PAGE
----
CHRIS RIDDELL
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Ode to a philistine: Howard Jacobson's Pussy

 As can be gathered from the title, Jacobson’s target is the current president of the United States.

In his heyday George S Kaufman was noted for being one of Broadway’s most expert writers of comedy and a sardonic mainstay of the group of New York wits that comprised the Algonquin Round Table. As such, he knew a thing or two about the ­dangers of what could best be described as the lengthy lampoon, once tartly noting after a play of his flopped out of town: “Satire is what closes on Saturday night.”

Kaufman was right on the money. The extended send-up of a hierarchical system or a personage is riddled with tonal problems and narrative traps. Do you deride a totalitarian brute by imitating him comically, as Chaplin did so brilliantly in his Hitler send-up, The Great Dictator? Do you enter the realm of dark metaphor – like Orwell’s vision of Stalinism in Animal Farm? Or do you attempt to recontextualise, in the form of absurdist fable, the fatuousness and repellence of a contemporary monster?

This is Howard Jacobson’s satiric strategy in his new novel, Pussy. As can be gathered from the title, Jacobson’s target is the current president of the United States: a gentleman whose absurdities and blowhard excesses give new meaning to the term “post-ironic” (except that there’s hardly anything ironic about a plutocrat/megalomaniac with direct access to the nuclear codes).

In what seems to be an act of frenzied fabulist invention – after all, the idiot was only elected five months ago – Jacobson reimagines the Trump saga in some fictive republic, Urbs-Ludus, which appears to be a cross between an eastern European absolute monarchy and the gimcrack, no-taste excess of Las Vegas ruled over by a Ceausescu-esque pooh-bah named the Grand Duke. He tells an academic he has summoned to his skyscraper court that he has a “little problem” within his immediate realm that needs urgent attention: his deeply wayward son Prince Fracassus.

To say that Fracassus is just a tad disturbed is to engage in massive understatement. He is someone whose verbal utterings explore the crazed outer reachers of Tourette’s syndrome (“Fuck, nigger, cunt” is his version of a casual aside; a way of expressing his impatience with underlings). When it comes to women, he is beyond Neanderthal. Looking up the skirts of one of his tutors, Dr Cobalt, he tries to entertain her with his imitations of the black slave in Gone With the Wind (“Lord, lordy Miss Scarlett”). When Dr Cobalt complains to the prince that “you have more words for prostitute than you have for women”, Fracassus accuses her of playing “a crooked game”.

Fracassus is proud of his philistinism, proud that all his worldly knowledge comes from what has been disseminated on television, happy to admit that whenever he sees Dr Cobalt one word comes into his head: “pussy”. And when he is taught how to tweet, his moronicism knows no bounds. Looking at his erection one morning and realising that, for the first time, he is thinking of someone other than himself, he tweets: “Great boner. Must be love.”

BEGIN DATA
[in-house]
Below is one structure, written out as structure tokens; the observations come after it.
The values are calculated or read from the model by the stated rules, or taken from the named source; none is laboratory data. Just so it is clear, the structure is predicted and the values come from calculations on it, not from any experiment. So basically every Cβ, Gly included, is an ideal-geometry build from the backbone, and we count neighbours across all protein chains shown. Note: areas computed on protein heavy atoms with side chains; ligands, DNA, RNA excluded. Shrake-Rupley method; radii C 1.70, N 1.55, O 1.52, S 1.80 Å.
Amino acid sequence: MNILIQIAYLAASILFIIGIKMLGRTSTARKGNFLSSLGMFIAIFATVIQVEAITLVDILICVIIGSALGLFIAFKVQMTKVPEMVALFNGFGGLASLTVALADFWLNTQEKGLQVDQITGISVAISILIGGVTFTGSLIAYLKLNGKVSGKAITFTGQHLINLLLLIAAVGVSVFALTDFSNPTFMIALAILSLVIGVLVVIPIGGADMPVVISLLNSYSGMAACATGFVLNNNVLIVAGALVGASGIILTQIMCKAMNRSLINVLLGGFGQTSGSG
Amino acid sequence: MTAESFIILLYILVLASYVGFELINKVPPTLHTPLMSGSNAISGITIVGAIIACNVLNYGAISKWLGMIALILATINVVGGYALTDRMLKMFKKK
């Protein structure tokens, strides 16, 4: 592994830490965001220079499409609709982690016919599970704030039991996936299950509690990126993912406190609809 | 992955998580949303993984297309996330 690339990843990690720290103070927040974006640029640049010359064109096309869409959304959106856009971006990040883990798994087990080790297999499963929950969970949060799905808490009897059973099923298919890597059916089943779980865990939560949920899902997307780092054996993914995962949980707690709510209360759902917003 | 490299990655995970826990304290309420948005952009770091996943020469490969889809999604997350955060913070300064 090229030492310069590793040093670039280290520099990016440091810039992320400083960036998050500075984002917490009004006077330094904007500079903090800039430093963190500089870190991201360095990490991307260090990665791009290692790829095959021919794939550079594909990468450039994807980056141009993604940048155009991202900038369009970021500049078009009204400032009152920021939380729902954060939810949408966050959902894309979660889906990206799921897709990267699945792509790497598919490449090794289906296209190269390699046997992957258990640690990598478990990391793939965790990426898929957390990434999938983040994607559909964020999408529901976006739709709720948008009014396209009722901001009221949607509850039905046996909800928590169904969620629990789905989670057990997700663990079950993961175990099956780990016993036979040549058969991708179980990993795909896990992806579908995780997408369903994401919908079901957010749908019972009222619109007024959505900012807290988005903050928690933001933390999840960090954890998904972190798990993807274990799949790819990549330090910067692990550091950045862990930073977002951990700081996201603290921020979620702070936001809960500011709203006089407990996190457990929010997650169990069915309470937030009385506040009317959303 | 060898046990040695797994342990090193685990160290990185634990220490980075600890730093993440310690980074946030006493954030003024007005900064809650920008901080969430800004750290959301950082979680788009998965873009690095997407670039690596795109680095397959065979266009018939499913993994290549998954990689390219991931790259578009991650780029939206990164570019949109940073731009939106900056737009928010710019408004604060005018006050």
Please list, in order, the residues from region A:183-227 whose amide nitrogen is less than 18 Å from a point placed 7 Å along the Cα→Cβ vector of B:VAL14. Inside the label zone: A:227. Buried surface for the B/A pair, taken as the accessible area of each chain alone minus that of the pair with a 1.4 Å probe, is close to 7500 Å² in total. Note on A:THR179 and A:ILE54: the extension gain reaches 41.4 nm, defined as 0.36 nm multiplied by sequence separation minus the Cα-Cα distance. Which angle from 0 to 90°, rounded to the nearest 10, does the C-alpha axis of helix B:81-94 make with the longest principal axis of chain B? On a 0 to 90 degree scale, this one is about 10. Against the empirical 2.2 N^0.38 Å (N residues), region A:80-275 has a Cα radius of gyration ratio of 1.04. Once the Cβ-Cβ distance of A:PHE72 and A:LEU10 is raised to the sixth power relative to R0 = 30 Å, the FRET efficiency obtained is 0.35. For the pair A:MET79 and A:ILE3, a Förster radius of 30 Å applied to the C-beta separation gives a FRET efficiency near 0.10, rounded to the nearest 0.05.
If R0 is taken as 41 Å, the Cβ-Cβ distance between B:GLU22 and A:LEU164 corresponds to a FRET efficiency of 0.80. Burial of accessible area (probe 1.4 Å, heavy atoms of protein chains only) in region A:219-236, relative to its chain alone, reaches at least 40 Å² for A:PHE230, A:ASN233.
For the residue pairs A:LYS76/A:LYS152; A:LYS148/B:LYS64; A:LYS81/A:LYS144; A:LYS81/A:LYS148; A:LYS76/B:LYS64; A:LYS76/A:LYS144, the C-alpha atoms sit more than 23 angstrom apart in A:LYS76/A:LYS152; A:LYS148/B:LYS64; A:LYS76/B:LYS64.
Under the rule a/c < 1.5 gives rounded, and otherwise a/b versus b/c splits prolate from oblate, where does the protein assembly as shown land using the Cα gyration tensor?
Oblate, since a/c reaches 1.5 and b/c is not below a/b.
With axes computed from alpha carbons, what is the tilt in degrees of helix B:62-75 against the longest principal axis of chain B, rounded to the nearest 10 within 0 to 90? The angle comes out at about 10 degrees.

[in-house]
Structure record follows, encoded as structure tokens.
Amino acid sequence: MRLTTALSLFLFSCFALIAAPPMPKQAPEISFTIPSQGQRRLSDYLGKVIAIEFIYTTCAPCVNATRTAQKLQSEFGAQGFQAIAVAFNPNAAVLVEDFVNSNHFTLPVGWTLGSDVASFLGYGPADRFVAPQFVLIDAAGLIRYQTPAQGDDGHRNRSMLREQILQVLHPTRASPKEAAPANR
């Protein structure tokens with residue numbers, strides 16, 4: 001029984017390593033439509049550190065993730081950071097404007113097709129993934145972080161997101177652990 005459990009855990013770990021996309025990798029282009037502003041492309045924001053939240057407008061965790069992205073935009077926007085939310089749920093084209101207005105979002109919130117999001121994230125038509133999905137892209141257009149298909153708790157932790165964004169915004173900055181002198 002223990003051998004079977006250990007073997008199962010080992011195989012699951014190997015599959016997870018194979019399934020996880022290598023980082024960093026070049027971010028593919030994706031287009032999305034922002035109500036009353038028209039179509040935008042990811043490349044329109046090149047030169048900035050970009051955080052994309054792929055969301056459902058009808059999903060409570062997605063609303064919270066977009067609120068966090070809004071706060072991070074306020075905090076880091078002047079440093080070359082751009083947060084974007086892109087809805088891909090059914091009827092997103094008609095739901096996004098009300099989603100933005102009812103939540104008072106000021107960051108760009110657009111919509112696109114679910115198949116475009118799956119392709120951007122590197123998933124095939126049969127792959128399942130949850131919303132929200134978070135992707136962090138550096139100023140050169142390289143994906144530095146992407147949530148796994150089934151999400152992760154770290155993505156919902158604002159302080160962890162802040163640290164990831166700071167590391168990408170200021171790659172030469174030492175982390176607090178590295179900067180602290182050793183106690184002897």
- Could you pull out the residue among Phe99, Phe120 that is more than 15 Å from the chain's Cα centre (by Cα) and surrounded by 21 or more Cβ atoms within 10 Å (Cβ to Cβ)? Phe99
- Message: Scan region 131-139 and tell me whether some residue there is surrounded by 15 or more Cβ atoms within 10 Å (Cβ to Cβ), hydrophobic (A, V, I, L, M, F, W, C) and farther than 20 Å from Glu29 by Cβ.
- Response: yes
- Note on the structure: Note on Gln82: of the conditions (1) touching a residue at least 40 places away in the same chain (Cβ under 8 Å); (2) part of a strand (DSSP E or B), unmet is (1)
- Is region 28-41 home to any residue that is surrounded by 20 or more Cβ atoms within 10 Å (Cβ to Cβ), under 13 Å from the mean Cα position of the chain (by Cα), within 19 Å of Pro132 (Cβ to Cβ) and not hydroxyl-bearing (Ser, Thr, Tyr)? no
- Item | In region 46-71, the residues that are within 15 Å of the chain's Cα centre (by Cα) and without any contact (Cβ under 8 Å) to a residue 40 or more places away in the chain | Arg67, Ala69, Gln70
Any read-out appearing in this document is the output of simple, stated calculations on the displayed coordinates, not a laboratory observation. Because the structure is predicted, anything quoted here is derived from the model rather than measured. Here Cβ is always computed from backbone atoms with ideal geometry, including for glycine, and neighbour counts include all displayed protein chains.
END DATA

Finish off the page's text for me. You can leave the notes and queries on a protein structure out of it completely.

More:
Pussy follows Fracassus’s rise from spoiled pubescent prince to television star to despot-in-ascendant. After his father’s death, he becomes a crazed master builder, putting casinos into poorhouses and strip clubs into old people’s homes. An architectural critic complains that you can no longer see the moon from downtown Urbs-Ludus, and when a member of the public – following his proclamation that “We’re going to muck out the pig pen” – shouts out that Fracassus himself is the pig pen, the great man replies with one word: “Retard.”

For anyone thinking that Pussy is a comic novel, beware: the book is relentlessly unfunny. But this should not be taken as a criticism; rather, a recognition of just how creepily well realised and bleak Jacobson’s vision of the Trump phenomenon turns out to be. Yes, it is written with immense, burlesque broad strokes and moments of satiric excess. But it also captures, with chilling accuracy, the way Trumpism is a reflection of the post-literate world we increasingly inhabit. In this world, universities are “abandoned cities”, consumerism has become the central cultural activity of hoi polloi, and avoiding tax is the plutocrat’s variation on a Holy Grail theme.

An elderly statesman from a nearby republic imparts to the prince this titbit of modern Machiavellian wisdom:

“You ask me are the people stupid. Very far from it. They can smell a fraud a thousand miles away. But ask me if they know what’s best for them, then the answer is a resounding no, because their besotting weakness is that they love a fraudster.”

Bullseye, Mr Jacobson. This is a novel that has much to say about how Mussolinis like Trump coerce others into succumbing to their profoundly myopic, Manichaean world-view by speaking to the worst within the human condition – and how so many among us want our own limitedness validated by a vainglorious potentate.

“It has been observed that mankind plays at life and only realises the seriousness of what it has done too late,” Jacobson writes. Which is another way of saying: we have no one to blame for the Trumps of the world but ourselves.